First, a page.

Your Financial Future:
Making Investment Choices: Risk & Return
Risk and return are part of the same equation when you are investing.
- When you invest in a stock, bond or mutual fund, you are taking a risk that the stock or bond will decline in value.
- In other words, you have no guarantee that you will end up with more money than you started with.
How are Risk and Return Related?
- Stocks are higher risk than bonds and have historically had a higher return.
- Bonds are higher risk than cash investments(certificates of deposit and money market funds) and therefore have had a higher rate of return than cash investments.
- The long (or longer) shot has a higher pay-off than the sure thing.
What is Inflation Risk?
Because the cost of living increases each year (some years a little, some years a lot), you need to get some return on your investments equal to or above the inflation rate, or your savings and investments will lose ground.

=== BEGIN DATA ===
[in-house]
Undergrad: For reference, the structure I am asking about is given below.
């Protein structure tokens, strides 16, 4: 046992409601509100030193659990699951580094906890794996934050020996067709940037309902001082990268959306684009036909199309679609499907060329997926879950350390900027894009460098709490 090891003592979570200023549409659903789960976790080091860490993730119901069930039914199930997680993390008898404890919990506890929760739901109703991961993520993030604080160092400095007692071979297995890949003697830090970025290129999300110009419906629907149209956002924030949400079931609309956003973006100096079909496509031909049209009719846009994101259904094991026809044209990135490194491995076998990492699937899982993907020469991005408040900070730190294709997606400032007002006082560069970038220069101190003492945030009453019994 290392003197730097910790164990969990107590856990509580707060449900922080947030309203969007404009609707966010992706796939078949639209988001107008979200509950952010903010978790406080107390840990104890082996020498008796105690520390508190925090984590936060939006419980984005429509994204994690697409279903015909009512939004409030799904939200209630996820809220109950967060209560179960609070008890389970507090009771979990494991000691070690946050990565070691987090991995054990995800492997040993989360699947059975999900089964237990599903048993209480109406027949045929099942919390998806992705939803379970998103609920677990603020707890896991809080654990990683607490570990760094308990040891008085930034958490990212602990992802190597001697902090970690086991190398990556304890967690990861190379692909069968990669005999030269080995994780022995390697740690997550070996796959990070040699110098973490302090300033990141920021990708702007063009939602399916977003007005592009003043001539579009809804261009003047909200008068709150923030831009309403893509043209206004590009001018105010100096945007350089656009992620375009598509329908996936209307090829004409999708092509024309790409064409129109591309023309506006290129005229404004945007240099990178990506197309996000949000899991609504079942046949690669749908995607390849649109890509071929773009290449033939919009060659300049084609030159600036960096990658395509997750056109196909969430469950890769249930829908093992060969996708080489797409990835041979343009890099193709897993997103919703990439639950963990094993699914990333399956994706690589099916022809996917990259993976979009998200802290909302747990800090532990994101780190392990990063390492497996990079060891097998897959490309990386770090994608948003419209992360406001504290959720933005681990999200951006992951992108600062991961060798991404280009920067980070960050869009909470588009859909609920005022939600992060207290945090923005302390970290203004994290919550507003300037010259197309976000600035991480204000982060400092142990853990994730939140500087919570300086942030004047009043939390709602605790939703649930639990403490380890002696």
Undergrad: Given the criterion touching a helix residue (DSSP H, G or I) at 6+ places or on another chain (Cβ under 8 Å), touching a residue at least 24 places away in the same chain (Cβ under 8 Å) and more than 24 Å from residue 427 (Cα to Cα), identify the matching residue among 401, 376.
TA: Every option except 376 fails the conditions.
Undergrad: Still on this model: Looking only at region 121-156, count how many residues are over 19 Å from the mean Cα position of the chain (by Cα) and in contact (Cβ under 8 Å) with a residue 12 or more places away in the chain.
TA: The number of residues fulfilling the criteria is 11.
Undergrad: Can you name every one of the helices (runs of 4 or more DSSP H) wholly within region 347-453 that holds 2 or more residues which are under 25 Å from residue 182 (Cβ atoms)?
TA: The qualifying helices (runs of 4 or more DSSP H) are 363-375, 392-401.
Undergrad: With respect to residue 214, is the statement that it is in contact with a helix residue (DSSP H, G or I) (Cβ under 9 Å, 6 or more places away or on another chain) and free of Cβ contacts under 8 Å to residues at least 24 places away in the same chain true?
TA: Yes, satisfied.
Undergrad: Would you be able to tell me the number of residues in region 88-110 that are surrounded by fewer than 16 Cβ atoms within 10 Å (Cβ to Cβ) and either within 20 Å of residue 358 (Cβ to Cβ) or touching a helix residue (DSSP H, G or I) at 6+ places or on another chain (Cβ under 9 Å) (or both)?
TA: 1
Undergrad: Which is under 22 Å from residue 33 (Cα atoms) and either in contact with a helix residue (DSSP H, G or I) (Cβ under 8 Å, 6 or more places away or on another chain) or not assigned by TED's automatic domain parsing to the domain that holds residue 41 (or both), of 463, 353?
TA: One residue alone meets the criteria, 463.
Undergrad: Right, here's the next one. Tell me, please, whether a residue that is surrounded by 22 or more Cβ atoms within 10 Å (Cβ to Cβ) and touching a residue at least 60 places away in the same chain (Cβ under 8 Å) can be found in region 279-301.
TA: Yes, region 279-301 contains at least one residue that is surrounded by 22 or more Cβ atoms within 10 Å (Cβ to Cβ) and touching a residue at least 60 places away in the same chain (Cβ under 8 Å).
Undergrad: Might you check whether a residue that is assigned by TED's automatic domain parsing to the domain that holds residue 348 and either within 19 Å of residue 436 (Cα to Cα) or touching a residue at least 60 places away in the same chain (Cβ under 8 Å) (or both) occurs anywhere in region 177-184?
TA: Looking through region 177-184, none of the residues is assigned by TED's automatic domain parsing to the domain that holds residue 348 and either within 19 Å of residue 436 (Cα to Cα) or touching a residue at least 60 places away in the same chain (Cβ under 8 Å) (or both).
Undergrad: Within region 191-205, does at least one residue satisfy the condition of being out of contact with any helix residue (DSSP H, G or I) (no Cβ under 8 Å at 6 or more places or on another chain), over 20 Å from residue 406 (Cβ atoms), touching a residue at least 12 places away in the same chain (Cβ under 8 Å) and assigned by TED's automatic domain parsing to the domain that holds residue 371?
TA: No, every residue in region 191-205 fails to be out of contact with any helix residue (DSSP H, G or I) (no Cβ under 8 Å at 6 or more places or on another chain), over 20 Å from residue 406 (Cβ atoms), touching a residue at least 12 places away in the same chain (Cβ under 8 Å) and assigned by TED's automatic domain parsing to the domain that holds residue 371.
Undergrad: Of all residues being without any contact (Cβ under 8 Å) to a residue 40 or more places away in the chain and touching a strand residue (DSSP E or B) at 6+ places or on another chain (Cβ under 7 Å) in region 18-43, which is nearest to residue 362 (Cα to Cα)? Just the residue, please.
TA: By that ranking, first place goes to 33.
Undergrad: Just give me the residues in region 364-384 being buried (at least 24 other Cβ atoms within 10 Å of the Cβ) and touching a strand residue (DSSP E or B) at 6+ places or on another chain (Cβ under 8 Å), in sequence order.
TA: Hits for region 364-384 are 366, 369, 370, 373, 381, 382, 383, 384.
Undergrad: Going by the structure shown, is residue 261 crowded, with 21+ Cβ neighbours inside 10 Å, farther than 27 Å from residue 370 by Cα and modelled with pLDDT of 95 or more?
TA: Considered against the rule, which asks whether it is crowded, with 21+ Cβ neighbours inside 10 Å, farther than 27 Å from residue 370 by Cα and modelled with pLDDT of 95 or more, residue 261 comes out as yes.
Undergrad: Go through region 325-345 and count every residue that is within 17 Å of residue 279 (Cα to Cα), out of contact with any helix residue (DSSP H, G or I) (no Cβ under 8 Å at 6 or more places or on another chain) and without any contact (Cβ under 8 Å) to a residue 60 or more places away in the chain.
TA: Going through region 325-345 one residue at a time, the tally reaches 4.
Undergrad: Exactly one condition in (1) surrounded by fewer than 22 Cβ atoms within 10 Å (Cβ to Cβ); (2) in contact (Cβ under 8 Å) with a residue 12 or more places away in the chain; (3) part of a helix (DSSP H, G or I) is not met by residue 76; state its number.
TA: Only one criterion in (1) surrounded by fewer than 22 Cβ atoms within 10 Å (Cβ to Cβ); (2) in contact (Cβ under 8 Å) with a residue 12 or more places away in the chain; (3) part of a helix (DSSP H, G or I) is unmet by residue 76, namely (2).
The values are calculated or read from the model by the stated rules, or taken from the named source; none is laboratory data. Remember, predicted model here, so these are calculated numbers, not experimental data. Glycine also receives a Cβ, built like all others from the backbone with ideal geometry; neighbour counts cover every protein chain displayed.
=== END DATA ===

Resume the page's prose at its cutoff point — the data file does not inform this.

- For example, if you keep your money in a savings account or a certificate of deposit that is earning 6% and the inflation rate is 4%, your real return is only 2%.
- If it is earning less than the inflation rate, you are really losing money.
- You may have reasons to do this in the short run, but in the long run, it is not a good idea.
Why is it Important to Diversify?
- By investing in a number of different stocks, bonds and cash investments, you can decrease the risk. Mutual funds are one good way to start spreading your risk, or diversifying.
- Although it is important to have some of your money in cash, bonds and stocks (see WISER Fact Sheet: Don’t Put all of Your Eggs in One Basket), you still have to decide how much you want to put into each, and what funds, stocks and/or bonds you will invest in.
- The advantage of no-load mutual funds is that you don’t have to pay any commissions or sales fees. This makes it less expensive to invest in more than one, big name mutual fund.